INDIANAPOLIS (WISH) — Indiana county coroners would be required to track overdose deaths and specify which drugs were involved as part of a bill being floated in the Indiana statehouse.
The idea behind the legislation is that by requiring Indiana counties to track these deaths, the state could get a better grasp over the scope of Indiana’s struggle with opioids and determine a way to address the epidemic.
The bill’s sponsor, Sen. Jim Merritt, R – Indianapolis, says he believes the tracking of the data could help the state come up with solutions to fix the problem.
“The more we progress, the more we have an understanding of the cause of death, the better we are able to get our arms around this and defeat the scourge,” Merritt said during an interview with I-Team 8.
Morgan County Coroner Annette Rohlman says she already tracks overdose deaths in her county.
“The number of deaths have substantially increased do to overdoses,” she said. “I think we are at 20 overdoses for 2016 but I am still waiting on some test results.”
Rohlman says the county’s overdose deaths are likely underestimated because many addicts who overdose are often transported to Indianapolis hospitals. If the person dies in Marion County, the case becomes a Marion County coroner case.
In 2016, Rohlman says her county officials spent $200,000 to build a morgue. She says it was built out of necessity because of the increase in overdose deaths.
While performing autopsies and drug screen labs is costly to the taxpayers of her county, Rohlman says it’s worth it if it means having a better idea of what drugs are in her community.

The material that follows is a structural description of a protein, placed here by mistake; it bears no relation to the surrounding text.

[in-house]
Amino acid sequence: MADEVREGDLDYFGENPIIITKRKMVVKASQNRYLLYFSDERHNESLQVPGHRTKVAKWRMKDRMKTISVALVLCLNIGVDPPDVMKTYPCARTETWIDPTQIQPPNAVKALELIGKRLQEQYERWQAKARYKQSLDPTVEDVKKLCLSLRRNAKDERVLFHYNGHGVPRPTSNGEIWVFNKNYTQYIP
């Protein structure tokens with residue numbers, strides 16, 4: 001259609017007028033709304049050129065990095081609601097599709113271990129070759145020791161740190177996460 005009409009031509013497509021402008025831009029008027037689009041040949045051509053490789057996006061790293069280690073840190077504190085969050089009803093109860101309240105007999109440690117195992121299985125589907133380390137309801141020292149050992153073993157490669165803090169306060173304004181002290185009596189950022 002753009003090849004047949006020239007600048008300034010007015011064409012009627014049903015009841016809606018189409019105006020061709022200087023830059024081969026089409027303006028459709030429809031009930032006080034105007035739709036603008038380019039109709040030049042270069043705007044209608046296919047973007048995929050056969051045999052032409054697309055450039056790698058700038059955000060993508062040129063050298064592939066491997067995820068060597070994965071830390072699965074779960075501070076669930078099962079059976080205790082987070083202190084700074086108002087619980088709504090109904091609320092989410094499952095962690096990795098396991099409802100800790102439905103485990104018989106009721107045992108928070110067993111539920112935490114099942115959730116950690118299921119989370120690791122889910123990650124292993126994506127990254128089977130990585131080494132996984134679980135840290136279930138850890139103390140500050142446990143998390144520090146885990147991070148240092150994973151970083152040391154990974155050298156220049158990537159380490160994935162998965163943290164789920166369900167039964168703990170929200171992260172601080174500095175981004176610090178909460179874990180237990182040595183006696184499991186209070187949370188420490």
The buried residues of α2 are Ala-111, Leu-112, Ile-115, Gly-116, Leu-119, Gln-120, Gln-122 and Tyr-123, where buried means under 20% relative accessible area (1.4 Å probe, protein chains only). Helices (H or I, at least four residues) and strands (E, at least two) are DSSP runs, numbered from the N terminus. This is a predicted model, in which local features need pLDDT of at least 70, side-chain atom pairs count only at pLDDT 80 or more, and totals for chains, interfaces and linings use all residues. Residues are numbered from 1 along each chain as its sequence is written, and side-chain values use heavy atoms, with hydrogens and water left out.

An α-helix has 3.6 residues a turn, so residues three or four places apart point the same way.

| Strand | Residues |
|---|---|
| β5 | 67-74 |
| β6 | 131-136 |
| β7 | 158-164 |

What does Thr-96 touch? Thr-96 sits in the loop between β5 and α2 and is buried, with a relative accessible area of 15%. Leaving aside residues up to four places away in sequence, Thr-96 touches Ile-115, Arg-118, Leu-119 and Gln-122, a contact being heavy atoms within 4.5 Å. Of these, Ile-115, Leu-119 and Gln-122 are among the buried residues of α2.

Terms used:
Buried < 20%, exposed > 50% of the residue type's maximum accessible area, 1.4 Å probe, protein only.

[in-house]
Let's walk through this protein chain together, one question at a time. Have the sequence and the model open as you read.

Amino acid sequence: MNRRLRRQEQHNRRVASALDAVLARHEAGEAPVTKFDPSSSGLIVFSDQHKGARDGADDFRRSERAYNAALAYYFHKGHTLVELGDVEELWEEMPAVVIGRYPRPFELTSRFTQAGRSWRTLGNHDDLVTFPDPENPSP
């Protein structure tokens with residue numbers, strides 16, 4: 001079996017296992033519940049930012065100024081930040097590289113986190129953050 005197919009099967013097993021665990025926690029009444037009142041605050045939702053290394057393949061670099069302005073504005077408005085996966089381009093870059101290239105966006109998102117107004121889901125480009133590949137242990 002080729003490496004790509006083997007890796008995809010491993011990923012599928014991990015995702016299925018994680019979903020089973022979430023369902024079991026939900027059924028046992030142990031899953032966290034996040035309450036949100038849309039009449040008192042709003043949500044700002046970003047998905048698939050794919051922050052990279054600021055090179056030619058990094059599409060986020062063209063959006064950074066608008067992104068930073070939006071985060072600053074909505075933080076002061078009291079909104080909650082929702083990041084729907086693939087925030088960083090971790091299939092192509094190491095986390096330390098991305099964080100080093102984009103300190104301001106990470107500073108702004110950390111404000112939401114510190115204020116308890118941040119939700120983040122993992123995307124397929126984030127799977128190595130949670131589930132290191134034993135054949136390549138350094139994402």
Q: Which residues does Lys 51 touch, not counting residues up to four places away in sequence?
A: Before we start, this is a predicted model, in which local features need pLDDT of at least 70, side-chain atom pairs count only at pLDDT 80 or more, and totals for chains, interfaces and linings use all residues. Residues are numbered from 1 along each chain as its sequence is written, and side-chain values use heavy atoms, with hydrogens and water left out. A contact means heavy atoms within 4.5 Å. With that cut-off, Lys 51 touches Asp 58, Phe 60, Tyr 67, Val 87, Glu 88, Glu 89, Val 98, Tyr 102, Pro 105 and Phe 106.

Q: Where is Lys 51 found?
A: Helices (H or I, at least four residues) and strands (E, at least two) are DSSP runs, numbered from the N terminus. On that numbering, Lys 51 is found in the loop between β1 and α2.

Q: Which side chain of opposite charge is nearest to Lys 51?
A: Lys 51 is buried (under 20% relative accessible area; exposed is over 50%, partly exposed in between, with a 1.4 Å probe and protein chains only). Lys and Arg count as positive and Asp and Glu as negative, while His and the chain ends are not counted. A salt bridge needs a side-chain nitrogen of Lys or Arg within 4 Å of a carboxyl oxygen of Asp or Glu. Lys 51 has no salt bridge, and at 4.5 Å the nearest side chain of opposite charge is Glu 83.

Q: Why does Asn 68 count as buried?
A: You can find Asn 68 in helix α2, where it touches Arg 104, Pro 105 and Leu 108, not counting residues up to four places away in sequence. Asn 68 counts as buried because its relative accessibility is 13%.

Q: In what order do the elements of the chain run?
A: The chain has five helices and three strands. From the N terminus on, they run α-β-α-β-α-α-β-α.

And not every Indiana county does that.
“It was a little bit shocking to me that some coroners around the state were not doing that,” she said.
Shelby County Coroner Robbie Stonebreaker is one of them who does not track overdose cases in his county.
While his county does perform drug lab tests using a private vendor, the county does not keep a running tally of opiate overdose deaths.
Stonebreaker says he likes the idea but has questions over how it will be paid for.
Merritt says the bill was drafted broadly so that if counties decide to rely on the state’s toxicology lab for testing, the state would be reimbursed. But that could create a backlog of cases.
Merritt said he would rather “get it right” referring to the cause of deaths than be expedient.
Senate Bill 74 also would allow for counties that use private labs for drug testing to be reimbursed by the state. Either way, there is a chance it could cost up to $1 million.
Merritt knows the cost is a concern but says it should be a cost the state is willing to pay if Indiana is serious about eradicating its opiate crisis.